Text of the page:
I had an interesting conversation with someone today. It’s actually a topic that has been discussed within GPoMC’s steering committee before. This time it dealt with a situation that – as of right now – is hypothetical, but probably will come to fruition down the road. Just a warning: this is going to be long, so give yourself some time to read the whole thing.
The topic was that of cross-endorsing candidates. I blog on this to get reaction, not from just steering committee members but from other people as well. Folks in the "inner sanctum" guess as to what the voting population will think about decisions we make, but it’s best to actually hear for ourselves.
So let’s start with a bit of background. Many people in Monroe County think that the Greens do not cross-endorse candidates from other parties. There’s nothing in our bylaws that says we can’t. And we actually have in the past; unofficially with Bill Benet’s run for County Executive 6 years ago, and this past year with Samantha Golden’s run for Town Justice in Clarkson. We considered a number of people to cross-endorse in 2005.
We have turned down candidates for a few reasons. One is when candidates didn’t agree with our Ten Key Values. That’s pretty much a no-brainer. Personally, that’s one of the main reasons I am a Green, because we keep to our ideals. Another reason is the logistics of a specific campaign. Do we have the resources to affect this campaign? Is our cross-endorsing of a progressive candidate really necessary? Does it mesh with our electoral strategy? Last year’s mayoral race is a good example. So was Paul Haney’s run for County Legislature. He didn’t need us to win and we didn’t have the resources to get all the signatures needed to get him on the Green line. (Remember, without ballot status it is considerably more difficult to get on the ballot)
But now comes an interesting scenario. Again, as of this moment, it’s hypothetical, but it is bound to become a reality at some point. A former Green who still believes in Green ideals, but changes his/her party to run as a Democrat may want to be cross-endorsed by us.
Generally there are three schools of thought here. One is that GPoMC should put any candidate who is progressive on our line. We understand the situation in the City of Rochester; only Democrats win and what’s important is that the people we want in office get in office. The opposite school of thought says that, going to one of the corporate-sponsored parties will corrupt whatever a candidate is trying to achieve; he/she will have to make so many compromises that the progressiveness of his/her make-up will be wasted away. The candidate would be more useful to progressive ideals by running solely as a Green, helping the party grow and furthering ideas.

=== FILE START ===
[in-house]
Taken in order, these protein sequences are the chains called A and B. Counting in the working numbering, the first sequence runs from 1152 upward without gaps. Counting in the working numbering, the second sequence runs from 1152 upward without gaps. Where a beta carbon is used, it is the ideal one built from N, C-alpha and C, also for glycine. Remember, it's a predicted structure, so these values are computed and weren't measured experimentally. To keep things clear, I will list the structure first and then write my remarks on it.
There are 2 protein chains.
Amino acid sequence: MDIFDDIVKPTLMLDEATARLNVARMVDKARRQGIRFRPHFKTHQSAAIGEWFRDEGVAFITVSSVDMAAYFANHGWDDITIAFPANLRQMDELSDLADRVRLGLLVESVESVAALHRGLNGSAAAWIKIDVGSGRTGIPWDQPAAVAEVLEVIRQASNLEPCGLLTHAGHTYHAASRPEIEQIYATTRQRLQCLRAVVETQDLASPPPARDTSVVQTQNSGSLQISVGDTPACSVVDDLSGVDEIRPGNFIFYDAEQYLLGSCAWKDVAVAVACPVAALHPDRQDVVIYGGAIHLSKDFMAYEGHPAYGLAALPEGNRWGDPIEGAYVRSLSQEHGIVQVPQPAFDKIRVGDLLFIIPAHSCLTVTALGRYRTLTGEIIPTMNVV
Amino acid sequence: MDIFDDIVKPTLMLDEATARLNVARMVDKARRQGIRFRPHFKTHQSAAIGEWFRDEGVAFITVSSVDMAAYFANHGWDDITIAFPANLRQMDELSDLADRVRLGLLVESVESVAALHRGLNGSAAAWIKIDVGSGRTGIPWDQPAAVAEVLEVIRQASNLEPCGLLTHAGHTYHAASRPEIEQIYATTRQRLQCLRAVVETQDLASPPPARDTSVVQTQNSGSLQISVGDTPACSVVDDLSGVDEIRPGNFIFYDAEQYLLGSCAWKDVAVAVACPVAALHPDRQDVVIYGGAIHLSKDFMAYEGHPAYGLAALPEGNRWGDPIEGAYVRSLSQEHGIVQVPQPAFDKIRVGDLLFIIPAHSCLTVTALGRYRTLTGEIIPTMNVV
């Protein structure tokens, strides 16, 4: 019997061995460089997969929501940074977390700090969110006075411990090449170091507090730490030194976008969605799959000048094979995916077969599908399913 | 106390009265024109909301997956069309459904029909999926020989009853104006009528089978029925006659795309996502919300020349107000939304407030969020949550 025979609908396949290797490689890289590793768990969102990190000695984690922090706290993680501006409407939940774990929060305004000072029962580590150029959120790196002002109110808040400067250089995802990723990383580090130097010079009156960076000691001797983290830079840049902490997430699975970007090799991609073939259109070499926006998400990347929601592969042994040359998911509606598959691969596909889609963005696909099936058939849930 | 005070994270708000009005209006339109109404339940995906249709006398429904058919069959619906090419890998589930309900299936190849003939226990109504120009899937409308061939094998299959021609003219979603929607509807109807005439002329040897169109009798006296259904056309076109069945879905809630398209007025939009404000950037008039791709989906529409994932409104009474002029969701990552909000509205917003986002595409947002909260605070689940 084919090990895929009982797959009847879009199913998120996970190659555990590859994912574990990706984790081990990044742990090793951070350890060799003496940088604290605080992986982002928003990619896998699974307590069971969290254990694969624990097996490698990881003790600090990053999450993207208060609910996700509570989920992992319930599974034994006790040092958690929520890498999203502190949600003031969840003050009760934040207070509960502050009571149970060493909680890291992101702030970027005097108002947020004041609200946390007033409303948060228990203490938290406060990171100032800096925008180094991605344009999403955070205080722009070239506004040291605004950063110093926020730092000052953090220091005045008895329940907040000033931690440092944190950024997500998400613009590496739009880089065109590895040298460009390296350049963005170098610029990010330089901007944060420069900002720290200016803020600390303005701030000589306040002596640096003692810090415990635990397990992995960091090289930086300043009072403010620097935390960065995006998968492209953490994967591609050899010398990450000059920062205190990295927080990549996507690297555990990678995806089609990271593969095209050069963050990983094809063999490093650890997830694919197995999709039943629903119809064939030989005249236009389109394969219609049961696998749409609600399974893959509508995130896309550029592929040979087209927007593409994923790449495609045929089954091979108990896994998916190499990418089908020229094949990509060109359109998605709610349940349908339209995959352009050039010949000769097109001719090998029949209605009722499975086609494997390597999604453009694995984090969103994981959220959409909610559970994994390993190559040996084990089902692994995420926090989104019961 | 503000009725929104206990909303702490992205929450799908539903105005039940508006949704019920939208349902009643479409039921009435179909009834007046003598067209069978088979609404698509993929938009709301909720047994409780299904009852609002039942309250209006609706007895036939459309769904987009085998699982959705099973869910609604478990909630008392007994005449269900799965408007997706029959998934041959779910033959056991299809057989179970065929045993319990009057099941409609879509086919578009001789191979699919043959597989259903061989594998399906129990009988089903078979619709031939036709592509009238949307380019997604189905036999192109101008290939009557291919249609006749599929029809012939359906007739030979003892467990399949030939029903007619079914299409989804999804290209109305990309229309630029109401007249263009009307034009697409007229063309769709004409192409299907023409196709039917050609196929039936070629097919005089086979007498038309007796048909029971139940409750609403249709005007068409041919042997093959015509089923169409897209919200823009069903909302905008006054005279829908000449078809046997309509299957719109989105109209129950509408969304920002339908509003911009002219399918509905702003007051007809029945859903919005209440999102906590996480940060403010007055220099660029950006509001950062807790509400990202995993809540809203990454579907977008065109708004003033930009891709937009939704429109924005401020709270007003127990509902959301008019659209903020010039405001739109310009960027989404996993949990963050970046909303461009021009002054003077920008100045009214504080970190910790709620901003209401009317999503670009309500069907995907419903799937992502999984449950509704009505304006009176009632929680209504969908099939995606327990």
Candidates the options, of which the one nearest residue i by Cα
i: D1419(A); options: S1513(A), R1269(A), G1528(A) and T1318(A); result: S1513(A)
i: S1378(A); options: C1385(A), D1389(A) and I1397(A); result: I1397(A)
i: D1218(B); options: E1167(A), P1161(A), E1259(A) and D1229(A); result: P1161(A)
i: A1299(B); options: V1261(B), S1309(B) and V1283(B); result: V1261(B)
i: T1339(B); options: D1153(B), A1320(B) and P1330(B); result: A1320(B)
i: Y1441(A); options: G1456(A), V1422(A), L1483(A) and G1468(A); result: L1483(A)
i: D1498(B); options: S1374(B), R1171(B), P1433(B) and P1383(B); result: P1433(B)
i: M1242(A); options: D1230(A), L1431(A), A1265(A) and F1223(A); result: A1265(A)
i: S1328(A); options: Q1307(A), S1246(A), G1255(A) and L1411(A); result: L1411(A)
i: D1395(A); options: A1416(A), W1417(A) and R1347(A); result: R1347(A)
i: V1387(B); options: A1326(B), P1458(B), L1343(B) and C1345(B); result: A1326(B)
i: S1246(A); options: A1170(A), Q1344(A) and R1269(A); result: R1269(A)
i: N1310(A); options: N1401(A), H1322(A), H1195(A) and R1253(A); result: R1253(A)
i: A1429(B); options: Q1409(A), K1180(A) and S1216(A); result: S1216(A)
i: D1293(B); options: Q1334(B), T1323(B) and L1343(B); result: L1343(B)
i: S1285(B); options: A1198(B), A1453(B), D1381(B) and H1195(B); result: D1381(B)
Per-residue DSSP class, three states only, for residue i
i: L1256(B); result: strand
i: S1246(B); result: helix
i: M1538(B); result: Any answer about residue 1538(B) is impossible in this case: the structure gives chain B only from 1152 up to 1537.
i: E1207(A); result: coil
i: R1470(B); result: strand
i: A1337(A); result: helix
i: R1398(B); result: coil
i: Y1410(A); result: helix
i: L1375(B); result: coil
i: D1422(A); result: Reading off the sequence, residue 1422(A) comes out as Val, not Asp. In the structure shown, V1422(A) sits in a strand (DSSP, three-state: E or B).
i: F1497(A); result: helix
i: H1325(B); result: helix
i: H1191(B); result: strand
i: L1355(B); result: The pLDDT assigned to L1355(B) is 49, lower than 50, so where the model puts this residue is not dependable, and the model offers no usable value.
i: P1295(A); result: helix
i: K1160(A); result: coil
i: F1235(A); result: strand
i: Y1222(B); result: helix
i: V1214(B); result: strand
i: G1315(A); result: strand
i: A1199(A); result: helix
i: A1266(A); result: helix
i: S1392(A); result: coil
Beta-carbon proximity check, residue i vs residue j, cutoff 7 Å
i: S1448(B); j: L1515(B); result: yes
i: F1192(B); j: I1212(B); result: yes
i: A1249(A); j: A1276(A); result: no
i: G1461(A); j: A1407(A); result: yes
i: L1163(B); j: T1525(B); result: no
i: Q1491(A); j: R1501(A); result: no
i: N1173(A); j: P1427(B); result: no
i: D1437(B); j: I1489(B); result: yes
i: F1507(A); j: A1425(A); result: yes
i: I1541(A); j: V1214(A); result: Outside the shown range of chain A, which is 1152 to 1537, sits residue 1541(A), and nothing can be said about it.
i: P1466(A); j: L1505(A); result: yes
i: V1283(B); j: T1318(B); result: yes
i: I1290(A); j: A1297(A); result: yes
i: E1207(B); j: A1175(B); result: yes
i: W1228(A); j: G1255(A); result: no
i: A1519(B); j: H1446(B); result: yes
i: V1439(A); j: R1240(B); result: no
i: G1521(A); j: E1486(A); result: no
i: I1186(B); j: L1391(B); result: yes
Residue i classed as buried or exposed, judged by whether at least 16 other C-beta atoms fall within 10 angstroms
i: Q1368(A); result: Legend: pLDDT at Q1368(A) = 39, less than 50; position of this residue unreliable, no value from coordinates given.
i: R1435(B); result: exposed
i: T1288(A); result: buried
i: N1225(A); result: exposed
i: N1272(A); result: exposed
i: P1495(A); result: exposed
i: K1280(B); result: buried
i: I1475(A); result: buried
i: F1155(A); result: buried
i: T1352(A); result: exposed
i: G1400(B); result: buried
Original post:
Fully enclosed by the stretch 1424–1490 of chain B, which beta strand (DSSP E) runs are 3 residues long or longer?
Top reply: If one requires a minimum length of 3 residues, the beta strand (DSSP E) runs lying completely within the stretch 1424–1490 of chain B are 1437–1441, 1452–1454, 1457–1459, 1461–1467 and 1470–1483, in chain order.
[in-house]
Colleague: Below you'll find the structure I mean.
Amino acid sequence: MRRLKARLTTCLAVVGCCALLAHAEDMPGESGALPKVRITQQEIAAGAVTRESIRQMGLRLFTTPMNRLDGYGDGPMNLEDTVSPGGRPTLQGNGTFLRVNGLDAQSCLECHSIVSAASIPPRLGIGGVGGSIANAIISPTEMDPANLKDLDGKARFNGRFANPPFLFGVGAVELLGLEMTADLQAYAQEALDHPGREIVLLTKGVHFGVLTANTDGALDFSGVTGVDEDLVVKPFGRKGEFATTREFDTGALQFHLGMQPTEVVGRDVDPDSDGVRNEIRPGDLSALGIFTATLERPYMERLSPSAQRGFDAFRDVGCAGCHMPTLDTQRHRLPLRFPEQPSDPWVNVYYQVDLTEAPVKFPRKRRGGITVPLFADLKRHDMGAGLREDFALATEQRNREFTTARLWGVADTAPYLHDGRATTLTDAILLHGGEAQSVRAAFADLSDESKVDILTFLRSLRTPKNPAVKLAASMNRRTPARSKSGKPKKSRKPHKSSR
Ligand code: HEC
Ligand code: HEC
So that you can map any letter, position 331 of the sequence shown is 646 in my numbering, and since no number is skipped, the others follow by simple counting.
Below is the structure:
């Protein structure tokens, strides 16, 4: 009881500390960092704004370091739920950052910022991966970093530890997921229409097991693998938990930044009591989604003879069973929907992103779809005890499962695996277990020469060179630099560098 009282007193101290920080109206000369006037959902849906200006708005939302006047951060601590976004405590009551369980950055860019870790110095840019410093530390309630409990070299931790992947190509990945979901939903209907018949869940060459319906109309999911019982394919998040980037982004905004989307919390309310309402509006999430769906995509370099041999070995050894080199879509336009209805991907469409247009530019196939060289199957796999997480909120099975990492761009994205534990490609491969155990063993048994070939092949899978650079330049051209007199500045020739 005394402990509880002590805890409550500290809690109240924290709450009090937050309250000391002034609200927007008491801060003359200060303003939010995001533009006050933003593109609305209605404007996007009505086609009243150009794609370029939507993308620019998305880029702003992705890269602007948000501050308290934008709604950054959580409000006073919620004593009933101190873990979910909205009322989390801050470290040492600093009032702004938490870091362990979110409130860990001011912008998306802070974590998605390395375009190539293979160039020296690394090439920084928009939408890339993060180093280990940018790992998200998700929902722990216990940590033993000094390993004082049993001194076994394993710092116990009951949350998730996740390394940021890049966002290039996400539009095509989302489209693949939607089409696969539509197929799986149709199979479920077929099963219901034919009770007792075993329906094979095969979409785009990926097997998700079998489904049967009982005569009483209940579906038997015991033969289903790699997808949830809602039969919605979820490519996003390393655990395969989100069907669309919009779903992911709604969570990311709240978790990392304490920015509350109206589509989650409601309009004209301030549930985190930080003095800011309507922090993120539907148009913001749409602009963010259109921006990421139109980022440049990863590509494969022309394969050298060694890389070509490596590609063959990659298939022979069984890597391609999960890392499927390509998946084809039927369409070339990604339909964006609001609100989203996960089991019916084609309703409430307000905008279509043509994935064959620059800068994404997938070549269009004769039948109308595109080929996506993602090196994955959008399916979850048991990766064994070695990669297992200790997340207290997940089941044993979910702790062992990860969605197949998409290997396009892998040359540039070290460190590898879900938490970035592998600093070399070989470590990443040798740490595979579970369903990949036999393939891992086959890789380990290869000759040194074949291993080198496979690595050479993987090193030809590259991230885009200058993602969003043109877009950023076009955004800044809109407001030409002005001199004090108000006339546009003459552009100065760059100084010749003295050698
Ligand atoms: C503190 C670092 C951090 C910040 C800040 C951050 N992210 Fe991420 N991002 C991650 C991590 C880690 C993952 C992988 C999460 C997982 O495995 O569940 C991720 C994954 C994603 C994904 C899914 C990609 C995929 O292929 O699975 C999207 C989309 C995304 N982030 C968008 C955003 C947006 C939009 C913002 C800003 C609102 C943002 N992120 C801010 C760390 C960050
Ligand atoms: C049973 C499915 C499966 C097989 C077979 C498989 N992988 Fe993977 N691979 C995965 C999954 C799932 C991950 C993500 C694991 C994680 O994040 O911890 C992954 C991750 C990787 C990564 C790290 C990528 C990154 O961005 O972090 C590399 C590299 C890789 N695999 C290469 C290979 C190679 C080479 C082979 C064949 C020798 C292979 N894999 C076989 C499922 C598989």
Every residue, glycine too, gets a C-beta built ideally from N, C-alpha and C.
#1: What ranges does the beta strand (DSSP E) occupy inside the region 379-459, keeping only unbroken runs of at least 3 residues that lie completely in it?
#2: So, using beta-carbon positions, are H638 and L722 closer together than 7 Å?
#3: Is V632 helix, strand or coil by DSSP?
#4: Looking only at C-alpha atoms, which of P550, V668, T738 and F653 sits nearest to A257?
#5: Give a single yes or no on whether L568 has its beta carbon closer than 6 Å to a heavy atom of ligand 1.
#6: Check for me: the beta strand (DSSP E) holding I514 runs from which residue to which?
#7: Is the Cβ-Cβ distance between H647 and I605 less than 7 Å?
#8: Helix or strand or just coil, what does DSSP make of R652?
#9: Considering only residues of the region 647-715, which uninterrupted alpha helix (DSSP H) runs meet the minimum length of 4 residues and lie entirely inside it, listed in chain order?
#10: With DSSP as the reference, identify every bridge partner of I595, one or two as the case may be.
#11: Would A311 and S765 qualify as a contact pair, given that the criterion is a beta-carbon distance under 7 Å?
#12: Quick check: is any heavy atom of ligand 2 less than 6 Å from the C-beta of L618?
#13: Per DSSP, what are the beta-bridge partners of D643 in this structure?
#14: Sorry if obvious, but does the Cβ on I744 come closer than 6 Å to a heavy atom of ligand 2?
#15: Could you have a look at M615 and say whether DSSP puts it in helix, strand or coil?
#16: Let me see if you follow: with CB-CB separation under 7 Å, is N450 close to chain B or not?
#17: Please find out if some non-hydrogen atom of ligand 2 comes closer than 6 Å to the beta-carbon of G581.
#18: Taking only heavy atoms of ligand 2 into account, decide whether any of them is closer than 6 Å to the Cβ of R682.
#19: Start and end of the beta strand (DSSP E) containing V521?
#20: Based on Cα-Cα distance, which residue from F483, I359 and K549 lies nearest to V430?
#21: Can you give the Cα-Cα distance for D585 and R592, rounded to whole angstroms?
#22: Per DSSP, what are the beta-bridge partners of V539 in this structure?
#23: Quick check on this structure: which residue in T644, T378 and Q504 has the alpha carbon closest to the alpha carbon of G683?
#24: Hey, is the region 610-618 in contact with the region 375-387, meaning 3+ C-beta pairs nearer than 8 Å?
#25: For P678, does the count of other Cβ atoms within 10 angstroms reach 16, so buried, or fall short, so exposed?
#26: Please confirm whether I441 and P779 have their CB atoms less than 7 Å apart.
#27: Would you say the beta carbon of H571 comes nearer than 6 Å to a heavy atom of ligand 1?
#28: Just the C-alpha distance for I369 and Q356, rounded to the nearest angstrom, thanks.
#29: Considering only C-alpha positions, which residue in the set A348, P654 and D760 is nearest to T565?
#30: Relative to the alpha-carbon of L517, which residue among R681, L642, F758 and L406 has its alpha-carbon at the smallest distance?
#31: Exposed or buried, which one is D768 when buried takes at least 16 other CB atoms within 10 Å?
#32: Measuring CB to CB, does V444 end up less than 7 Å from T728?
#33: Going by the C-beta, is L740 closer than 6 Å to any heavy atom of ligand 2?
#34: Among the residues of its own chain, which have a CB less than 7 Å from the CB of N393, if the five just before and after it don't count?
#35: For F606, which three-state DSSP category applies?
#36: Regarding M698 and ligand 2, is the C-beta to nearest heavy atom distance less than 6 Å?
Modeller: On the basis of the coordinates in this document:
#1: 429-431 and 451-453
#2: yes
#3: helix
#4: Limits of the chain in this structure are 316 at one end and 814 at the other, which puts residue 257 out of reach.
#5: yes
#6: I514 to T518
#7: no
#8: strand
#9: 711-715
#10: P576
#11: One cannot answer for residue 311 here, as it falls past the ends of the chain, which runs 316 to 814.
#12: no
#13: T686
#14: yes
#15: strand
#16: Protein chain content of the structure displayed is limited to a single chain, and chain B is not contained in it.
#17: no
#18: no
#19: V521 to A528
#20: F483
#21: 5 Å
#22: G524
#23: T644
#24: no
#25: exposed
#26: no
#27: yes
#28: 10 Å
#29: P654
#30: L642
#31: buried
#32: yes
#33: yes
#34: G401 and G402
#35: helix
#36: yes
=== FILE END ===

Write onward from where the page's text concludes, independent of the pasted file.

Then you have the middle school of thought, where you go back up to our current rationale about cross-endorsing. Does the candidate need our help? If he/she is the anointed Democrat in the city, then probably not. So why should we use our resources to get involved? The argument is to be on a winning campaign. But by doing so doesn’t that give legitimacy to the thought that being Green is nice, but you have to be a Democrat to win in the city? That is the undisputed reality right now. Republicans who want to serve in the City go Dem just to win. But will it ever change if we give in to this reality? How long should we wait for success? What is our purpose for remaining a political party in Monroe County? There are more questions than answers right now.
There are a number of smart, committed progressives in Rochester who have been Green and gone to the Democrats. Their reasoning has been pretty similar – they feel they can have more of an effect on what happens in government (as candidates or activists) by being on the inside. Personally, I respect their decision, but I definitely don’t agree with it.
So what do you think? Should the Greens cross-endorse former Greens? What message does that send to current and prospective Greens? Should we all just forget about it and go out for a beer?